Assign code Z20.828, “Contact with and (suspected) exposure to other viral communicable diseases” for all patients who are tested for COVID-19 and the results are negative, regardless of symptoms, no symptoms, exposure or not as we are in a pandemic.
The Centers for Medicare & Medicaid Services (CMS) announced new procedure codes for treatments of COVID-19 – effective as of August 1, 2020. Among the new codes are Section X New Technology codes for the introduction or infusion of therapeutics including Remdesivir, Sarilumab, Tocilizumab, transfusion of convalescent plasma, as well as introduction of any other or new therapeutic substances for the treatment of COVID-19.
One common element in many value-based programs is risk adjustment using Hierarchical Condition Categories (HCCs) to create a Risk Adjustment Factor (RAF) score. This method ranks diagnoses into categories that represent conditions with similar cost patterns.
Why are so many AKI records being denied? It’s hard to give one answer for why so many AKI records are being denied lately, but most appear to be due to the multiple sets of criteria available for use in determining if a patient has AKI, as well as physician documentation. As stated in Part 3 of this series, there are three main criteria/classifications used to diagnose AKI.
In previous parts of this series we looked at the definitions of AKI/ARF, causes, coding and sequencing, and the common clinical indicators that patients present with that are diagnosed with this condition. In Part 4, we will look at the documentation that should be present to report the diagnosis without fear of denial, as well as when a query is needed to clarify the diagnosis.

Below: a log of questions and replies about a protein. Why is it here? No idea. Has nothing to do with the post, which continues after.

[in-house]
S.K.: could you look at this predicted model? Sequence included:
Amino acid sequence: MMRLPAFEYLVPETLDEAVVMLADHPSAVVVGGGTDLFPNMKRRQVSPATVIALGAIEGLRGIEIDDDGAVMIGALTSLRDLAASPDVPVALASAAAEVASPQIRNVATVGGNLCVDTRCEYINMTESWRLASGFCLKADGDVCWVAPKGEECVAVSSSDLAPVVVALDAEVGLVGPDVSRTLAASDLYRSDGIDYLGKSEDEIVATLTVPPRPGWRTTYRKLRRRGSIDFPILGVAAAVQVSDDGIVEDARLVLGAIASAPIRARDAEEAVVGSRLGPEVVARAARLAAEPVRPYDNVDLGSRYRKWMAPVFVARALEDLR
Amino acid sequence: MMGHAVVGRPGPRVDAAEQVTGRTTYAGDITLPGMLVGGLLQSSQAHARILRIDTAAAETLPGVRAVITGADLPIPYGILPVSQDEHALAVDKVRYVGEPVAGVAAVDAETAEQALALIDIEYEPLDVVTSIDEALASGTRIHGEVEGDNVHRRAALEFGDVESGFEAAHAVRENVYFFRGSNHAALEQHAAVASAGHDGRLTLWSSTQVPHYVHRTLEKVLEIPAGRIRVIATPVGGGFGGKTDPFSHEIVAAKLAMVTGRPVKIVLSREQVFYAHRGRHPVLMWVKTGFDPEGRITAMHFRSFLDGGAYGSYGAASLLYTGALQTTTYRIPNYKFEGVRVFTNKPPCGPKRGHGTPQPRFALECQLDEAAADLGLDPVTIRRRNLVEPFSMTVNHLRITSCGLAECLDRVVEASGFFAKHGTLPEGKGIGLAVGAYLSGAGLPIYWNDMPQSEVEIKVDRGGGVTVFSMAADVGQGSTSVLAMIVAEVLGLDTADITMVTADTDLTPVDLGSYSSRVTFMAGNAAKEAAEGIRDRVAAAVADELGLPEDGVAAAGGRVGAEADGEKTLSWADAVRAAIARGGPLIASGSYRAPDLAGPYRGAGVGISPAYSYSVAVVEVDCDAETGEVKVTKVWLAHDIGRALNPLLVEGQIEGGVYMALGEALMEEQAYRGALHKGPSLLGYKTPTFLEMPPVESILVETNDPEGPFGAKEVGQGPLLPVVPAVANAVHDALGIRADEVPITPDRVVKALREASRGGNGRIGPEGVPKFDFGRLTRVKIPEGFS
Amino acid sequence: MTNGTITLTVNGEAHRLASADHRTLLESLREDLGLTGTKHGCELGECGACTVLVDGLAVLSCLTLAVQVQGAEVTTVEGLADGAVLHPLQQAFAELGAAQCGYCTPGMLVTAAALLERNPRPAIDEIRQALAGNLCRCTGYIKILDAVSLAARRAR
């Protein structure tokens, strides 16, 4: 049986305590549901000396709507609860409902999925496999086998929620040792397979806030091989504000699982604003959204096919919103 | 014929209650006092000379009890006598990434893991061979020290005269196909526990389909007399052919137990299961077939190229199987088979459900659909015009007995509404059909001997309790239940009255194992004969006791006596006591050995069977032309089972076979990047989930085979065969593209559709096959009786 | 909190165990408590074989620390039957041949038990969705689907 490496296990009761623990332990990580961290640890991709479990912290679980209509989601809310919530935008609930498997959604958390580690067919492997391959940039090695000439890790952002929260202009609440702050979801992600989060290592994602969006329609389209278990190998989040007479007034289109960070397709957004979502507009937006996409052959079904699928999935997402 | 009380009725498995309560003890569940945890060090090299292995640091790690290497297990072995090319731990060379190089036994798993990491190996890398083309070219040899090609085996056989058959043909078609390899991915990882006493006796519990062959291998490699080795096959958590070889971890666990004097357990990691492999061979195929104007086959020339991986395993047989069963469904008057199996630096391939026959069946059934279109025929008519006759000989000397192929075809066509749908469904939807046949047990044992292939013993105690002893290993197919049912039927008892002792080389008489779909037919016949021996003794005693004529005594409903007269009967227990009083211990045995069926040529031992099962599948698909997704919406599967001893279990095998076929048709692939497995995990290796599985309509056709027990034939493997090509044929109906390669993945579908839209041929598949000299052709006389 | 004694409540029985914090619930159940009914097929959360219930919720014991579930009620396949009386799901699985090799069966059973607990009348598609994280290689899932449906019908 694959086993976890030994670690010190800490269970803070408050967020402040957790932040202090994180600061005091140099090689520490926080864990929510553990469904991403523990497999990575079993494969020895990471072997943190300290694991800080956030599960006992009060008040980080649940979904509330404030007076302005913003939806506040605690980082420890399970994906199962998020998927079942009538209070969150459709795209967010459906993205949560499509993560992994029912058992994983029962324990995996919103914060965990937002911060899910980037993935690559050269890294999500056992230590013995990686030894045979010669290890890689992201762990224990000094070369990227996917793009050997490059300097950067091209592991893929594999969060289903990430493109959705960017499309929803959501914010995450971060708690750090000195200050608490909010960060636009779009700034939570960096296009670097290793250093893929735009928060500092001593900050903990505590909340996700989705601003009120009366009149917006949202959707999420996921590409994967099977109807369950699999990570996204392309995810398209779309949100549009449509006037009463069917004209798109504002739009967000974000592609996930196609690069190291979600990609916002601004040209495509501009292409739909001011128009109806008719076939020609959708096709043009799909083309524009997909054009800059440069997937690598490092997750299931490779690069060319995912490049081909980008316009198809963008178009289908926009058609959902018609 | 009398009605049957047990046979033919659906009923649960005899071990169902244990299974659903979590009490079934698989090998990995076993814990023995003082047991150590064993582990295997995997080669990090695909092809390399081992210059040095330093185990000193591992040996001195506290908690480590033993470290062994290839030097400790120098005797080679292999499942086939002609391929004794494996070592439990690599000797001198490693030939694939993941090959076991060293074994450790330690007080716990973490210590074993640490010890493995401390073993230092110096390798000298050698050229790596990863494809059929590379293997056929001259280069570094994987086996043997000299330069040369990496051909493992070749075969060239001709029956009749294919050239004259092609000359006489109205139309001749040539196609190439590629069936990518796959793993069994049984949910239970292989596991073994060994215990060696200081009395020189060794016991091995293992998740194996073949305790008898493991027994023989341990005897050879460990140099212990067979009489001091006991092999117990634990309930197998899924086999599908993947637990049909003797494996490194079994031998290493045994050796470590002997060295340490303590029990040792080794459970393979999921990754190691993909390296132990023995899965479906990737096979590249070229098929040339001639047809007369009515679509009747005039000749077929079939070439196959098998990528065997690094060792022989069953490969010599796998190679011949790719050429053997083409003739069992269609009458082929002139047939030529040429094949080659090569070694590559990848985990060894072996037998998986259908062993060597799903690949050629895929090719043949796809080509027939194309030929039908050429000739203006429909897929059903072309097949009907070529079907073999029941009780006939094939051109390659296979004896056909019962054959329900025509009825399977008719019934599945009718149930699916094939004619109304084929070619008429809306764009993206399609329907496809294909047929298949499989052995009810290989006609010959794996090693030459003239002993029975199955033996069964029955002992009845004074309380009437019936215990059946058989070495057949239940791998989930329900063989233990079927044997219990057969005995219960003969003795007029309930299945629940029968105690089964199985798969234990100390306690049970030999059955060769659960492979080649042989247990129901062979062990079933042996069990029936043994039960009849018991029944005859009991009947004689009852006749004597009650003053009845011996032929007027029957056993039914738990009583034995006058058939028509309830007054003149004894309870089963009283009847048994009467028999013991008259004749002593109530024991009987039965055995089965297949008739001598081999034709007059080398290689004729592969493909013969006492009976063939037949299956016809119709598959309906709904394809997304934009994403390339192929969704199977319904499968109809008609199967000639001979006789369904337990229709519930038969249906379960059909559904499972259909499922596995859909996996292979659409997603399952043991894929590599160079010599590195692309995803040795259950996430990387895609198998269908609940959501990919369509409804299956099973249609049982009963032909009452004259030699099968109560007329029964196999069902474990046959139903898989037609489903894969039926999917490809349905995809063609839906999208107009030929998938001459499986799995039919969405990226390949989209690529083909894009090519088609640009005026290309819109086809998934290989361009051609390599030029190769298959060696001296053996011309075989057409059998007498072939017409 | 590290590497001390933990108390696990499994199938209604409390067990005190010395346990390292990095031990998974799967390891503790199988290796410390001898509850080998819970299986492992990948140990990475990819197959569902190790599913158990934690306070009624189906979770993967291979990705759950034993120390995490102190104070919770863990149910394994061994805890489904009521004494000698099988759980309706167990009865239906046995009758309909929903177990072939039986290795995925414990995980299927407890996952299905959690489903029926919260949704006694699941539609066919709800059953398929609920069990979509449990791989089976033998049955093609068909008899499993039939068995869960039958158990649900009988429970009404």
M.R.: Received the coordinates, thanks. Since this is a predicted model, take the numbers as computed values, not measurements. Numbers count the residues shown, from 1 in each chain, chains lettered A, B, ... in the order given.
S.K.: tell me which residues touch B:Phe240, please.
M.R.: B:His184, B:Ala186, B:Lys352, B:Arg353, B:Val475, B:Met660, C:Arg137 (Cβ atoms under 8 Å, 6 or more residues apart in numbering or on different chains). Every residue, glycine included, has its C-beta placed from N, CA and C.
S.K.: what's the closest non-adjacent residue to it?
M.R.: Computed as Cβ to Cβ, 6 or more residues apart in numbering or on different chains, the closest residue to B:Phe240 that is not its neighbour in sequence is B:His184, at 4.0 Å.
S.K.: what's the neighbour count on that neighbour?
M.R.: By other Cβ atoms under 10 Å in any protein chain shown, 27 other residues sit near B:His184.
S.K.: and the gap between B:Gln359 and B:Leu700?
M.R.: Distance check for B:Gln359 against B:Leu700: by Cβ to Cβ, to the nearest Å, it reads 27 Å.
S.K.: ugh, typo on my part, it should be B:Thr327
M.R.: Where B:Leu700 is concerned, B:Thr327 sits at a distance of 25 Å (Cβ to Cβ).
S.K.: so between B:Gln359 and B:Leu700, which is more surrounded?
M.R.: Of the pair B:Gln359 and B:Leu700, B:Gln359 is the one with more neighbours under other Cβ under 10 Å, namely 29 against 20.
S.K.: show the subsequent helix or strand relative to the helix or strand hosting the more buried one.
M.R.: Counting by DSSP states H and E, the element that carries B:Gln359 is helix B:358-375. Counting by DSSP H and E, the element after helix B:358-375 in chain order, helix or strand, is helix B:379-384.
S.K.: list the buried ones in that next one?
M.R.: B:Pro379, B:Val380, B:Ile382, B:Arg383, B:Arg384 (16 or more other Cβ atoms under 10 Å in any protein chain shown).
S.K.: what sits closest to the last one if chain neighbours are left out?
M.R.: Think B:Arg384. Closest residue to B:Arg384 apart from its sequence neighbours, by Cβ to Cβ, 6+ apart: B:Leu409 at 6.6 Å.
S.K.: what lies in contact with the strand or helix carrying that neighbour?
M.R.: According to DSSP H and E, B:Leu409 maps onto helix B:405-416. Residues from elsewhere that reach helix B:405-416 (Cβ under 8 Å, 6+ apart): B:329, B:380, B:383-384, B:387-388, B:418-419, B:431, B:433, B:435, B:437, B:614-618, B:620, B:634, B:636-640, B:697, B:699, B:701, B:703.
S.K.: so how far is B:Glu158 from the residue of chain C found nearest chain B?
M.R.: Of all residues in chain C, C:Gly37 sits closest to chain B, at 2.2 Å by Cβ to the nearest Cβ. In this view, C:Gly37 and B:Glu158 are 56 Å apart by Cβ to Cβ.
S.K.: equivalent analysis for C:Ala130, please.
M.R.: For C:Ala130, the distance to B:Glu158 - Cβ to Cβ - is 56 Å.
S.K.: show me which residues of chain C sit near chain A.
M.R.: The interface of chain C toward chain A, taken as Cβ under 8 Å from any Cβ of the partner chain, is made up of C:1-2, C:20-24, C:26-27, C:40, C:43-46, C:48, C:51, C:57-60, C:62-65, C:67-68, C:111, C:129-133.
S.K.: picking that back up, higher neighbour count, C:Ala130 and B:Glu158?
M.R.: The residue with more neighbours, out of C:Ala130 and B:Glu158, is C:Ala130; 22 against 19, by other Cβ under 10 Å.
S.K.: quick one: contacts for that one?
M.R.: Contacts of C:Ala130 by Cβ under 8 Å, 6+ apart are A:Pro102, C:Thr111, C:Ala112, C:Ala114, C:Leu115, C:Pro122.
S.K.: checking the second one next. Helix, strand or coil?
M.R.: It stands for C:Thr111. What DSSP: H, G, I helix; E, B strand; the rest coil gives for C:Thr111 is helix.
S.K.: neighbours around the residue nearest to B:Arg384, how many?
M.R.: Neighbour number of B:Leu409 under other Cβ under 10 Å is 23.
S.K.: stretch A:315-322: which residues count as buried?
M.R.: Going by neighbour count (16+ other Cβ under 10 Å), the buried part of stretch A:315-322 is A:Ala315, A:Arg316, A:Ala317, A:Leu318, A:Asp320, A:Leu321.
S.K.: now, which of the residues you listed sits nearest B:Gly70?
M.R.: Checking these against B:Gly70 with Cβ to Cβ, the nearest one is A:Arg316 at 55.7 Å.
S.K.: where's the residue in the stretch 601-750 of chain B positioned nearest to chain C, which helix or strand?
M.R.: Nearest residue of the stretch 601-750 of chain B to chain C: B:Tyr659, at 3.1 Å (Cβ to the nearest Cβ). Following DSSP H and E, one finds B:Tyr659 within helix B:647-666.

If the facility does a COVID-19 test, and test is negative, do I need a diagnosis code. The answer is yes, you will report a Z-code. The Z-code depends on the record documentation and circumstances of testing. For any patient receiving a COVID-19 test, if negative, there MUST e a Z-code to describe why the test was taken. (Test negative for COVID-19 and MD does not override negative results).
In the first parts of this series we looked at definitions of AKI/ARF, causes, coding and sequencing. In Part 3, we will look at what clinical indicators would possibly be present to support the diagnosis of AKI/ARF.
The FY2021 IPPS Proposed Rule is out and here are some highlights from it regarding ICD-10 Code proposals. We will know if these changes are permanent after the public comment period is over on July 10, 2020 and CMS prepares the Final Rule, usually out by August 1.
As discussed in Part 1 of this series, AKI/ARF is a common diagnosis that coders see daily. In Part 2, we are going to focus on the different types/specificity of AKI/ARF. We’ll learn what they mean, as well as how to code the diagnosis.
This is part 1 in a series focused on coding of acute kidney injury (AKI) and/or acute renal failure (ARF). AKI/ARF is reported often, but is also one of the most common diagnosis found in denials.
With the proliferation of COVID-19 cases, we thought we would put together a quick reference listing of some of the common scenarios that coders have asked about. As with all coding, coders should follow Official Guidelines for Coding and Reporting and the COVD-19 Frequently Asked Questions document by the AHA.